What is Proof-of-Stake?

what is proof-of-stake

Now that you have an idea of the concepts around blockchain and crypto, you should know about one of the biggest internal breakthroughs within the technology: Proof-of-Stake. 

Proof-of-Stake – a consensus mechanism – has the potential to largely reframe and reinvent many of crypto’s most glaring shortcomings.

But first, let’s take a step back. To get a grasp on Proof-of-Stake, you need to understand consensus algorithms.

The Role of Consensus in Blockchain

Consensus is a big deal in Blockchain; in fact, it serves as the backbone of the entire technology.

In traditional, centralised systems like banks, a single authority controls the system; they give the consensus for any transaction. They make changes however they see fit and determine how things are done without the consent of their customers.

DeFi changes the rules around consensus so that it’s decentralised. However, this raises the issue that a stranger is serving as the tentpole of validation for a transaction that could potentially be worth millions.

So how is that legitimately done so that transactors can put faith in the system? This is where a consensus system comes in.

The Old System – Proof-of-Work

The mechanism for consensus within crypto has traditionally been a system called Proof-of-Work. This is a competitive validation method to confirm transactions, add new blocks to the blockchain, and ta-da – new coins are minted.

It’s basically the crypto miner ensuring the verifier that the mining process is valid and accurate. The problem is, it requires specialist equipment and a great deal of energy to work, which has raised environmental concerns, coupled with having in-built limitations.

Ethereum 2.0

Eth 2.0 is an upgrade to the Ethereum blockchain in order to increase Ethereum’s capacity for transactions, reduce fees and make the network more sustainable.

It aims to do this is through Proof-of-Stake, which is largely being touted as a significant upgrade on Proof-of-Work.

Proof-of-Stake is a consensus algorithm under which randomly chosen validation nodes (validators) stake native tokens (staking) of the blockchain network they’re operating on to propose or attest new blocks to the current blockchain.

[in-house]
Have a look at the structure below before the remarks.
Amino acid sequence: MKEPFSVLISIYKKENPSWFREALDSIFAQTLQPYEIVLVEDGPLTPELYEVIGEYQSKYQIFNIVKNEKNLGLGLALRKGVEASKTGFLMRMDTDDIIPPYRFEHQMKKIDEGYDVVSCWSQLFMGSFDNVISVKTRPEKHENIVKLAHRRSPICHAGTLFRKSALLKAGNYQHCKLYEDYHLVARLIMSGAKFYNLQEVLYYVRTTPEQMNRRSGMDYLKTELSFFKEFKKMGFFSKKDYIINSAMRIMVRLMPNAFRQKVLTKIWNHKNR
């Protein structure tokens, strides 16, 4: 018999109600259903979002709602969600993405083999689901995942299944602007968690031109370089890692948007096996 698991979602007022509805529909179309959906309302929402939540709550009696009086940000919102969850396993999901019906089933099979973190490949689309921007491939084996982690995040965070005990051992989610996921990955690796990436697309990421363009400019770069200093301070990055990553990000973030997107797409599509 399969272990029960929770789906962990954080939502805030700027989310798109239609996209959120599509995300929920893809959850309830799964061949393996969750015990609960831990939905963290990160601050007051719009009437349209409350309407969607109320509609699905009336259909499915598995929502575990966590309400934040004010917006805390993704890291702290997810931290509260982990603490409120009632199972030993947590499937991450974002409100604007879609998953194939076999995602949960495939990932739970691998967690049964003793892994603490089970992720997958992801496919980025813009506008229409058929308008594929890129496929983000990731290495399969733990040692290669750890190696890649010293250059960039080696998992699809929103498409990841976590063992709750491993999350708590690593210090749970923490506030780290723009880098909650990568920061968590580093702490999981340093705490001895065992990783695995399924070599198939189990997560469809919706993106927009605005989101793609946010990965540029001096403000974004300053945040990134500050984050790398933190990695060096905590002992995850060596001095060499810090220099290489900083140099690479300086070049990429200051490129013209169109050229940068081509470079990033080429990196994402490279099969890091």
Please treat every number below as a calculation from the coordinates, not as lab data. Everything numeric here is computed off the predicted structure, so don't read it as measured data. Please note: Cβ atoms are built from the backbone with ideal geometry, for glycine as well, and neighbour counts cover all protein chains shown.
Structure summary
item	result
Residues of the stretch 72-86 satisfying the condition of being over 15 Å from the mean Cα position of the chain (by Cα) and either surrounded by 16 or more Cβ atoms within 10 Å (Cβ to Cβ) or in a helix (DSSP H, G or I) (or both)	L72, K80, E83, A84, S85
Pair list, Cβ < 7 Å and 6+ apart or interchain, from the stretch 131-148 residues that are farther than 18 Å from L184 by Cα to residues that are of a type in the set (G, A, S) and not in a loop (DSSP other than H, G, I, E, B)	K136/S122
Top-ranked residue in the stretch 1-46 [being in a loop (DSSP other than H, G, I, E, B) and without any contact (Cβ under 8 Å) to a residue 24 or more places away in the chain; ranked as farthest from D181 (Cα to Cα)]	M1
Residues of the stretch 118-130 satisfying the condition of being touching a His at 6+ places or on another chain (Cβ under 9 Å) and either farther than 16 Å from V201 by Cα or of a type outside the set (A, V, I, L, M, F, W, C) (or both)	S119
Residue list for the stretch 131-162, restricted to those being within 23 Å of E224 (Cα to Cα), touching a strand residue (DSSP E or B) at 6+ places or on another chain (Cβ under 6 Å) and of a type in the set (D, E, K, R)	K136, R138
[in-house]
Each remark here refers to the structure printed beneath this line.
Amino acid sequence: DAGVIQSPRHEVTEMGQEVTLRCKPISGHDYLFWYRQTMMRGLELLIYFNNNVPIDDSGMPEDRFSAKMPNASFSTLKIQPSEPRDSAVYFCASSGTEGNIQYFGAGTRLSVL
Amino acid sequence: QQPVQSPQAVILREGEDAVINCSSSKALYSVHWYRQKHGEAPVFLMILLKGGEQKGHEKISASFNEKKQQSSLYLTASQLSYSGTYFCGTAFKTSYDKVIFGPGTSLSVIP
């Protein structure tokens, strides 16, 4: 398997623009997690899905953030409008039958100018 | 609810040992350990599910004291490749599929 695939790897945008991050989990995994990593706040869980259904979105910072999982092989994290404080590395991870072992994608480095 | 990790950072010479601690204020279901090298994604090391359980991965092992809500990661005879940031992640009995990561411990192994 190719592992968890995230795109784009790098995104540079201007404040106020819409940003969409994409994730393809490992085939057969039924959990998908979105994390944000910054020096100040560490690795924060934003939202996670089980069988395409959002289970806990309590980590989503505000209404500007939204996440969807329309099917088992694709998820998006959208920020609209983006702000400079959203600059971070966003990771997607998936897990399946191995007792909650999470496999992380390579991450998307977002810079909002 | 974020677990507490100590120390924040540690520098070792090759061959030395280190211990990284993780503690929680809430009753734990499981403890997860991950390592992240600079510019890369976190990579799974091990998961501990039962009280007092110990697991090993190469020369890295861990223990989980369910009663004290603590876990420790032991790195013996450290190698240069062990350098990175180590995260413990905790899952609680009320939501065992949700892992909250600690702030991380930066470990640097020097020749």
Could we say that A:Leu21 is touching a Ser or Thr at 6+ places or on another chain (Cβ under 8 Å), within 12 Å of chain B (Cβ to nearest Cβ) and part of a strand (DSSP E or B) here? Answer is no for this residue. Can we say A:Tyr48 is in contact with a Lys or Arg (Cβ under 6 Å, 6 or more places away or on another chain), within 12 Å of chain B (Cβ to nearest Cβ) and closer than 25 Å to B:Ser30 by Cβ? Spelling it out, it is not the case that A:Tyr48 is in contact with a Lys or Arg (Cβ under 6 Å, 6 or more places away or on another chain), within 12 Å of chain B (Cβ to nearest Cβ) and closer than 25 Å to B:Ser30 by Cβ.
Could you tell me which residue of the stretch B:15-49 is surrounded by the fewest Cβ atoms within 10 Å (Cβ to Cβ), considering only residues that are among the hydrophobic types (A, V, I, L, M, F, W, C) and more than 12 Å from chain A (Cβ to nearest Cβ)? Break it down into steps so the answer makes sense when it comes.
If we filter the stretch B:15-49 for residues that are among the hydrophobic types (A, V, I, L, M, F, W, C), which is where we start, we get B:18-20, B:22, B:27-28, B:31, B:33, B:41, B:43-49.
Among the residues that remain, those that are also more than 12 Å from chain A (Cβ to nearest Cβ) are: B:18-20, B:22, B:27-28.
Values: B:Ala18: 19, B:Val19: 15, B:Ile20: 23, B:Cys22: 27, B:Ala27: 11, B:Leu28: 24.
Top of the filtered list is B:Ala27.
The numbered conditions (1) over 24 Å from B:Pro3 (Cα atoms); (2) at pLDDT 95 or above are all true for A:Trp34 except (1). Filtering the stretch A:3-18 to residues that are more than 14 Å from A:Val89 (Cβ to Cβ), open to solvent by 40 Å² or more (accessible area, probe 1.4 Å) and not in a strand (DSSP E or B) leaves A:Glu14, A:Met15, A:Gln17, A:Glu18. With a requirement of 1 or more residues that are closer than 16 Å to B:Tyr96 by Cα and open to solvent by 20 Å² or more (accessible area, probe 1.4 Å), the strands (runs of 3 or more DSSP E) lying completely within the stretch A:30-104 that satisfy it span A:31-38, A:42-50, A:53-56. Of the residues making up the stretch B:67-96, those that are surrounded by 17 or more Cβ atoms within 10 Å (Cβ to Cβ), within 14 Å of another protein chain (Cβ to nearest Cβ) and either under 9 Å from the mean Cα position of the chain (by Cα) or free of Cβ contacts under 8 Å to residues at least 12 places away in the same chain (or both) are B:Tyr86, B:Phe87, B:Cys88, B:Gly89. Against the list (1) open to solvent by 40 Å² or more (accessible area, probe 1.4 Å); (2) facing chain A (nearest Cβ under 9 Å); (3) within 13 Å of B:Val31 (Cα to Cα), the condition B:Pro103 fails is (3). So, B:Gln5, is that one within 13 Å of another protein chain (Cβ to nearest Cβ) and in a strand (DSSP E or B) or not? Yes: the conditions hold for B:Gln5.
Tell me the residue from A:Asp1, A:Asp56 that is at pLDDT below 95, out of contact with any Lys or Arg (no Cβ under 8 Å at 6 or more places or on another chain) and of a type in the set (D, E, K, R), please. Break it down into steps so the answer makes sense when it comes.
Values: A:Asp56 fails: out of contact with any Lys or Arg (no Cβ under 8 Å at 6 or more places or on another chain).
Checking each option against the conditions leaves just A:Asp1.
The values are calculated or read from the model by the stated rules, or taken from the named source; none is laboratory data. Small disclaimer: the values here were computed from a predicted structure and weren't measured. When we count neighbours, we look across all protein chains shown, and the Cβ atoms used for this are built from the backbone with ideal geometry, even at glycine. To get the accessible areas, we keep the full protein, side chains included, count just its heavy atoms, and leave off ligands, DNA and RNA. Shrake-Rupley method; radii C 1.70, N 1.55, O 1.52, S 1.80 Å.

Plainly speaking, Proof-of-Stake dips into the community of users for a certain token, choosing them to be validators of a transaction.

Those that are chosen will be able to earn from the transaction fee. The more you have – or the higher ‘stake’ – the larger the chance you’ll be chosen as a validator. 

The simplest way to put it is – Proof-of-Stake has computers work together to decide which node (computer) validates the next block.

Proof of stake works particularly well with the larger blockchains and their native tokens as there’s much less chance of monopolization by large stakeholders.

Known as a 51% attack, it’s pretty common for investors to accumulate 51% stakes in burgeoning blockchains and their tokens.

This gives them 100% control based on the Proof-of-Stake voting system, which heavily favors those with quantity. 

Downfalls

While that all sounds great, it’s not a perfect system, and Proof-of-Stake does have some shortcomings. 

The most glaring problem is that an individual needs to own cryptocurrencies native to the particular Proof-of-Stake-based platform.

This can be done either by purchasing cryptocurrencies using fiat currency or exchanging crypto-coins and crypto-tokens from other platforms to the compatible native cryptocurrencies.

This means that a blockchain built on Proof-of-Stake consensus mechanics isn’t as readily accessible as it stands; but it won’t be long until Proof of Stake adoption is much higher, alleviating much of the concerns around it.

Conclusion

One of the most compelling arguments to keep people from embracing blockchain and crypto has always been energy consumption.

Proof of Stake essentially fixes that while being more compliant and inclusive as a mechanism for transaction authentication. Meaning, no specialist, power-hungry equipment is needed. 

Between this and the lesson on Proof-of-Work, you should understand how consensus and transaction authentication in crypto works.

You’re now ready to learn about more of the cool functionality of blockchain, this time with Smart Contracts. Enjoy!

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what can blockchain do

What Can Blockchain Do?

In many people’s minds, cryptocurrency and blockchain are synonymous with one another. Although closely related, they are not one and the same, and it is

Read More »